It is difficult to say how long Kodak-Alaris may be able to source filmstock for marketing to endusers, but I hope that the pensioners funds are enough to keep paying them their pensions. Even a last load of frozen unslit-rolls, made when the cine-film ends (next year?) would keep everyone going for seven years or so, if confectioning systems were available (for example via Harman).


    martin

    where i am in new england ...
    there is only 1 pharmacy that does labwork "send out"
    it goes to fuji but these pharmacies aren't at every street corner.
    the large abundance of pharmacies ( cvs + walgreens ) don't process film or do send out anymore.
    walmart does send out 35mm and 120
    but they don't return film just a cd of images
    there is 1 lab within 25 miles she does wonderful work, and there is 1 prolab within a 45 minute drive.
    there is send out service but the old standards ( york, mystic &c ) are gone.

    there are options, but for the general consumer who isn't used to searching high and low to get their film processed it isn't easy,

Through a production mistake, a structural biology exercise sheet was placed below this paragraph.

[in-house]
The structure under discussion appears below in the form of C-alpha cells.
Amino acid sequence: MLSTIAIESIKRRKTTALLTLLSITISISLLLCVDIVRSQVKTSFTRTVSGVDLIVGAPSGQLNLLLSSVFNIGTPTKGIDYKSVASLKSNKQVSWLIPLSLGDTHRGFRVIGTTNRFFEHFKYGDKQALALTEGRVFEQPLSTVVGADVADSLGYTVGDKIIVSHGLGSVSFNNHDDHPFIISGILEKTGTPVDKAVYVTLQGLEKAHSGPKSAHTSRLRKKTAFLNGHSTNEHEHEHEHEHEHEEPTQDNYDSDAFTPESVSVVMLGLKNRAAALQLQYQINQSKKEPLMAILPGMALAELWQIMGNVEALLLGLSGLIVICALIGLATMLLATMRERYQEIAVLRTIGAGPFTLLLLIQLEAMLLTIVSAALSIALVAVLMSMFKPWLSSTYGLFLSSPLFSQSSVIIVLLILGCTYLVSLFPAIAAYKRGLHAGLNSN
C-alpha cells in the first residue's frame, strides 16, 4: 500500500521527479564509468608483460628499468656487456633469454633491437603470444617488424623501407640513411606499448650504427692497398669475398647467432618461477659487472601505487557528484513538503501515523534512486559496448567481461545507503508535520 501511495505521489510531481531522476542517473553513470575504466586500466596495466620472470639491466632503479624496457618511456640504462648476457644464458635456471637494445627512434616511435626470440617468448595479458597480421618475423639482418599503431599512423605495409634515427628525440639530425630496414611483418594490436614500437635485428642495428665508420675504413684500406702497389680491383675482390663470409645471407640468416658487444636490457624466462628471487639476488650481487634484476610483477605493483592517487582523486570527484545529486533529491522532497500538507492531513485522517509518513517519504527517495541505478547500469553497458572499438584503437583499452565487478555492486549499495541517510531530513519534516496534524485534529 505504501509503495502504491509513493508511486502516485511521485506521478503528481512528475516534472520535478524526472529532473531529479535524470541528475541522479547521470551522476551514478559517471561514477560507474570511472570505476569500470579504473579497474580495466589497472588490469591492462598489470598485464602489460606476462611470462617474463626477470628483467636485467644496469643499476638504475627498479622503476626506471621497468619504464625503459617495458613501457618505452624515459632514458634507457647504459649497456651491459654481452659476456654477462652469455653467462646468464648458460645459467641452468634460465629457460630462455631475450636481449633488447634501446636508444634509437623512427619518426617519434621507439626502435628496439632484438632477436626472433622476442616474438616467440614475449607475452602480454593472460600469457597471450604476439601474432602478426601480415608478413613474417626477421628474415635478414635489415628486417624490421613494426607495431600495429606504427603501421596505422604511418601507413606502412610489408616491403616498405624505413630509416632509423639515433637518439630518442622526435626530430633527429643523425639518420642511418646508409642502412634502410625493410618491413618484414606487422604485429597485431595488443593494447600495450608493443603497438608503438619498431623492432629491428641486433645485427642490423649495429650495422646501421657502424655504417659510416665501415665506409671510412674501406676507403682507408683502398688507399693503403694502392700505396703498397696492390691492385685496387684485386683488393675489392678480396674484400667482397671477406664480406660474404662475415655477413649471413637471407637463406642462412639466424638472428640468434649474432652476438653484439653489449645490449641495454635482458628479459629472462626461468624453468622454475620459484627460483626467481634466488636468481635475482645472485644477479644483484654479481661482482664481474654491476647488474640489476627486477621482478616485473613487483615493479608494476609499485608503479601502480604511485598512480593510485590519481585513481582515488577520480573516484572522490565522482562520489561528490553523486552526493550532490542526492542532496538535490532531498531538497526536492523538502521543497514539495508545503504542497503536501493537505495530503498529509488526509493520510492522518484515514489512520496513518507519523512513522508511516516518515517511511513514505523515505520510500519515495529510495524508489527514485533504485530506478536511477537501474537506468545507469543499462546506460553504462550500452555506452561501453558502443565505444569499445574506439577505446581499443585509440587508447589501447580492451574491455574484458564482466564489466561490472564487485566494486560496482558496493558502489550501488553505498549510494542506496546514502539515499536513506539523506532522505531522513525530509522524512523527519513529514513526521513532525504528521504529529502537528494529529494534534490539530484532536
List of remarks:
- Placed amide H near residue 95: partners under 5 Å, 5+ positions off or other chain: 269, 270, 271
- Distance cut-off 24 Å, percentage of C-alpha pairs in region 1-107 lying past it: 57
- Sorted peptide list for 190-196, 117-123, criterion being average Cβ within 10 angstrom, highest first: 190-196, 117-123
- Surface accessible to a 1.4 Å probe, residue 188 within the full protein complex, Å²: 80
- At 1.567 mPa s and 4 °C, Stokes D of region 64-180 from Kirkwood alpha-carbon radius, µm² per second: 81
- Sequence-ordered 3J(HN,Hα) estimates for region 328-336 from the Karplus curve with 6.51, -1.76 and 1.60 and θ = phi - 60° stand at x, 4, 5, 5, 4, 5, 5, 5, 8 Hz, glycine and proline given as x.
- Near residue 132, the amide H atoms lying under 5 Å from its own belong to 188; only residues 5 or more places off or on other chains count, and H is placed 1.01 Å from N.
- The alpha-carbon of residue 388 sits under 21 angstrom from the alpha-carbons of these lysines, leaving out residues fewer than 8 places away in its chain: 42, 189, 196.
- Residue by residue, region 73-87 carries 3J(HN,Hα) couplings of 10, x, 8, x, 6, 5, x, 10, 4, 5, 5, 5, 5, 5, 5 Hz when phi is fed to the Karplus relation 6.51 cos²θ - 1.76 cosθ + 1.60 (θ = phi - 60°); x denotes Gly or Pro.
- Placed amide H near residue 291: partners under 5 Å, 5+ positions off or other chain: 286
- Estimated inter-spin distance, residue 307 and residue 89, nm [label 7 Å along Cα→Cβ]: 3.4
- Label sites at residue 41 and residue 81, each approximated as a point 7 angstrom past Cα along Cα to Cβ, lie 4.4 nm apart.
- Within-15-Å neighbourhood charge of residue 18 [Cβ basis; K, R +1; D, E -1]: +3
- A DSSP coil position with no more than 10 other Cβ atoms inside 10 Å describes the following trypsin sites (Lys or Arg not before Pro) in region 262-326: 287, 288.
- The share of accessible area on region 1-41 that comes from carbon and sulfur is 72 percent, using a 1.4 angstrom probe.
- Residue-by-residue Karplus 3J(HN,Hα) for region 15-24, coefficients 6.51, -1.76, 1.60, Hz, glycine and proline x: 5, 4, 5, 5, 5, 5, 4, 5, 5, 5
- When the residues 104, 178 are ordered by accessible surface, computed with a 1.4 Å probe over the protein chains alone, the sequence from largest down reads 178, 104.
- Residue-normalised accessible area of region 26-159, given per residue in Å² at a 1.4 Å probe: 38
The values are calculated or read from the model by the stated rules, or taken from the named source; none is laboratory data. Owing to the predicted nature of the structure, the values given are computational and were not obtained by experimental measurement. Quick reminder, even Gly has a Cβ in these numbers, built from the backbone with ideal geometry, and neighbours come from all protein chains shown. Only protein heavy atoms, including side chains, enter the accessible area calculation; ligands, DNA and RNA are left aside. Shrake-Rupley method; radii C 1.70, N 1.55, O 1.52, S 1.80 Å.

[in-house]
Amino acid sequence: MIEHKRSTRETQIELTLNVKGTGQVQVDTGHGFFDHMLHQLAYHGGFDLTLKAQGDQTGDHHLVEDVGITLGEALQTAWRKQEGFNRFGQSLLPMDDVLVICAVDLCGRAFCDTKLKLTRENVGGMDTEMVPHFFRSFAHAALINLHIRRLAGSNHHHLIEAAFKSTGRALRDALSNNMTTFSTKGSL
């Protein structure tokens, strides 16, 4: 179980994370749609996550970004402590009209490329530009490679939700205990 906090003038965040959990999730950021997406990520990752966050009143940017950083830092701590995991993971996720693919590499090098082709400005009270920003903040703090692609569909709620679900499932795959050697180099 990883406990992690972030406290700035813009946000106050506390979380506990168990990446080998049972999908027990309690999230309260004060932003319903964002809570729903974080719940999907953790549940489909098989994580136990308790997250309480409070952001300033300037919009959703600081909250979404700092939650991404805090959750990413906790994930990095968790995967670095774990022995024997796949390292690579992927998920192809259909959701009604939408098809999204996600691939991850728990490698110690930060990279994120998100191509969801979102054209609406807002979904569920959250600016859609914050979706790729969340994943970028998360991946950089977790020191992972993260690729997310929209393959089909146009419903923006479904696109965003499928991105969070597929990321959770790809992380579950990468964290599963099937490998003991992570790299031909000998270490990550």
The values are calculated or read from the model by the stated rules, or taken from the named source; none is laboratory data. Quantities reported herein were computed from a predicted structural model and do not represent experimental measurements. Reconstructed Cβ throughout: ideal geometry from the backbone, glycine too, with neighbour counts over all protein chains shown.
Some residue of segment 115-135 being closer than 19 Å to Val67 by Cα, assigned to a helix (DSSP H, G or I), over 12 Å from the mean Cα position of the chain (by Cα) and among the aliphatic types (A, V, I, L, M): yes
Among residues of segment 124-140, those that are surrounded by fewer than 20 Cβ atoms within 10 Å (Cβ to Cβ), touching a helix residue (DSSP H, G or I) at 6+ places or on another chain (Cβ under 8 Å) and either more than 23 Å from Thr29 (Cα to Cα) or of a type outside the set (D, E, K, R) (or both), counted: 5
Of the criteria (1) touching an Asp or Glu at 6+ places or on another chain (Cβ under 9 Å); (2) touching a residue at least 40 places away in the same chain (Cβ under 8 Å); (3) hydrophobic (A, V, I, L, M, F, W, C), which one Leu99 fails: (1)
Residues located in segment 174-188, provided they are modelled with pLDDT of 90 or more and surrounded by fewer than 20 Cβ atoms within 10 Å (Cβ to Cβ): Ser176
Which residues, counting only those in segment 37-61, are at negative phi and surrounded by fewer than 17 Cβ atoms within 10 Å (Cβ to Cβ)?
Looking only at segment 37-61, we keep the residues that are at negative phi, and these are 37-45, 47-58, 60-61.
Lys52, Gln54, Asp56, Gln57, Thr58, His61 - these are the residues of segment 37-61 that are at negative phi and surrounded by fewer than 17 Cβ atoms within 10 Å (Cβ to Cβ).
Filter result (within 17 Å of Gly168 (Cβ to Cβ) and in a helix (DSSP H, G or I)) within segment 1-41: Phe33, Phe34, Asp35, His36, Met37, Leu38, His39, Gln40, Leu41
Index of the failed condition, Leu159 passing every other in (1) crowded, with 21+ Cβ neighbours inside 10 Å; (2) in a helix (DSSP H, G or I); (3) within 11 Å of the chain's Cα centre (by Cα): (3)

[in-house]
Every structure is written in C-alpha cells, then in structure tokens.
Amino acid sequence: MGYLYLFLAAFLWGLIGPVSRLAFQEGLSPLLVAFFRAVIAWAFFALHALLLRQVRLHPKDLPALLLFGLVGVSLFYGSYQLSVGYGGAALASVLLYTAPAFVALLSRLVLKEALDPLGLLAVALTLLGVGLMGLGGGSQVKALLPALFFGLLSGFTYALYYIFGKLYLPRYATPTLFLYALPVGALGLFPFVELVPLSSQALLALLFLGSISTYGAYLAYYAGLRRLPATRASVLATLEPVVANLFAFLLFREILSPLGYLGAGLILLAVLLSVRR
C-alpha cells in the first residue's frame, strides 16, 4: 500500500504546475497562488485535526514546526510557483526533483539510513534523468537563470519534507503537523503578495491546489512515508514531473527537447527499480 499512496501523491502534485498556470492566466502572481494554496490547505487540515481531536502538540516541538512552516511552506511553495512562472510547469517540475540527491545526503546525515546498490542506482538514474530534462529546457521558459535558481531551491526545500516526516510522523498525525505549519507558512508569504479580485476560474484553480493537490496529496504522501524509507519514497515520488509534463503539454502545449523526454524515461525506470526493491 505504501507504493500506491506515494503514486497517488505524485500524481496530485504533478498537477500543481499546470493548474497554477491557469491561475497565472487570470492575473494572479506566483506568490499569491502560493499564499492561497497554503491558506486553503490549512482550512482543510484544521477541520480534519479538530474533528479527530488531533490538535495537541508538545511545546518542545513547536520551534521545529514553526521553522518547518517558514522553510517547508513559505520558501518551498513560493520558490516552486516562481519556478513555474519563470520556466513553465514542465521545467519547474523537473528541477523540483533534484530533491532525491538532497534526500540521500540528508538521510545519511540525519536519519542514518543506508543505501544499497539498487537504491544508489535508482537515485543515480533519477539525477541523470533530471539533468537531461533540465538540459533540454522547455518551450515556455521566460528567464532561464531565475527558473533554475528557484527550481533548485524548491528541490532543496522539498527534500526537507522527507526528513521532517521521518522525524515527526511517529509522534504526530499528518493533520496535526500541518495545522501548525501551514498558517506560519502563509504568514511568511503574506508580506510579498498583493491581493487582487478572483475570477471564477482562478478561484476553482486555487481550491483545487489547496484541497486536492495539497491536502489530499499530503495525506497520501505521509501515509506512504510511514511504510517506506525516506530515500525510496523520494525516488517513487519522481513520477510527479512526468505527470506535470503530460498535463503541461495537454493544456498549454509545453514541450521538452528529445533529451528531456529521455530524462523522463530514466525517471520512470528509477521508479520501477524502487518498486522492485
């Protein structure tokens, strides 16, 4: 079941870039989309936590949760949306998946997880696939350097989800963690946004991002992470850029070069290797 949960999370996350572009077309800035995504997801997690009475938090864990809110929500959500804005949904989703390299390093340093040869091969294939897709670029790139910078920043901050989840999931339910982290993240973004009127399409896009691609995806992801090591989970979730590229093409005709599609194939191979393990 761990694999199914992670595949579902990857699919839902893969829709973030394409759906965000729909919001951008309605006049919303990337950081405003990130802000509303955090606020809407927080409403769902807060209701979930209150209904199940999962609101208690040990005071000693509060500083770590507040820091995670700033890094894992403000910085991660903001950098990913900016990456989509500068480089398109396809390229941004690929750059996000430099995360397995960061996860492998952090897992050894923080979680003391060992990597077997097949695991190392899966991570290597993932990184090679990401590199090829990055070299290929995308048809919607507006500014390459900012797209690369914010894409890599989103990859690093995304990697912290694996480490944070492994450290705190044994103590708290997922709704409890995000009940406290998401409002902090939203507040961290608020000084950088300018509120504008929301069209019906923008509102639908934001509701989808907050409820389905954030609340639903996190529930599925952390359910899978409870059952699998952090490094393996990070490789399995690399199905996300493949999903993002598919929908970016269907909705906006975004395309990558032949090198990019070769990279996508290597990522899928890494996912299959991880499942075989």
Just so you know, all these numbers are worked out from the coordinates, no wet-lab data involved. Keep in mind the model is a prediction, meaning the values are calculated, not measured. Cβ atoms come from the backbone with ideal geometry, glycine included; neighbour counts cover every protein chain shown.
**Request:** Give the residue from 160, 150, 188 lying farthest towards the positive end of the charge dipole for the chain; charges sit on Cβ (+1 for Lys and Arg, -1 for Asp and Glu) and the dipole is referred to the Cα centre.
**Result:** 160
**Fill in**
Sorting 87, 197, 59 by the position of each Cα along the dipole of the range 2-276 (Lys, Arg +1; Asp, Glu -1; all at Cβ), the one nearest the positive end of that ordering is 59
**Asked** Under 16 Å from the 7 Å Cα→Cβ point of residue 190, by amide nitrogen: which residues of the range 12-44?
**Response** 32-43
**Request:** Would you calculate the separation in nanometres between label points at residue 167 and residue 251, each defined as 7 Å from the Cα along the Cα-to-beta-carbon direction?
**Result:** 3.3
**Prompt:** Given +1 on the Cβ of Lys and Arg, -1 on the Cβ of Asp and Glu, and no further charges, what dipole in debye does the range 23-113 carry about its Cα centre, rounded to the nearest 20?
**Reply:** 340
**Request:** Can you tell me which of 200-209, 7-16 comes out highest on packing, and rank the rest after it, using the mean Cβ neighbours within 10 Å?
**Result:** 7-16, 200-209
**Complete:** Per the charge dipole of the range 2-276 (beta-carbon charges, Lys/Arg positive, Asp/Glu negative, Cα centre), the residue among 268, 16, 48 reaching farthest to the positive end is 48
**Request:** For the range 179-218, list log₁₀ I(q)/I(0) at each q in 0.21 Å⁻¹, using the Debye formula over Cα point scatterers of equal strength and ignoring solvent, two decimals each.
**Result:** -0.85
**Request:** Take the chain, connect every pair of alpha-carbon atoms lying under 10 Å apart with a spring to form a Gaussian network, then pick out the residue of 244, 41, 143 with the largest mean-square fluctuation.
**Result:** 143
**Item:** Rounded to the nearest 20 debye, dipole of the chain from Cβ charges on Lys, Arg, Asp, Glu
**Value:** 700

or as easy as before.

    as for lynch mobs ...
    ken, maybe you should read the tone of the people who bitch and moan in every kodak thread
    about how they screwed everyone over, how perez was a jackass who ruined analog photography
    and now in this thread how the new head of alaris is more of the same.

    same $ht different day

  8. #78

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    The strange thing is that if we compare the interest in analogue in the U.S. and Europe based on APUG membership then in percentage terms the U.S. wins hands-down. The Europeans based on our percentage here on APUG should be the one complaining about lack of processing outlets, shouldn't they?

    Maybe most U.S. analoguers are here on APUG but most European analoguers can't be bothered to join

    On the other hand Ilford do seem to rate the contribution to its profit that its U.S. customers make and as an astute business this would suggest that it's the U.S. that has the consumer analogue leverage.

    pentaxuser

  9. #79
    AgX
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    Quote Originally Posted by pentaxuser View Post
    The strange thing is that if we compare the interest in analogue in the U.S. and Europe based on APUG membership then in percentage terms the U.S. wins hands-down. The Europeans based on our percentage here on APUG should be the one complaining about lack of processing outlets, shouldn't they?
    In Germany there are a few national drugstore chains, around each town, that still sell film and still take-in exposed films to send to industrial labs.
    Furthermore there are still small photo-shops even in small towns, that do the same.


    (Though slide film seems to vanish from those chain stores.)

  10. #80

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    Is Ralf Gerbershagen a German name?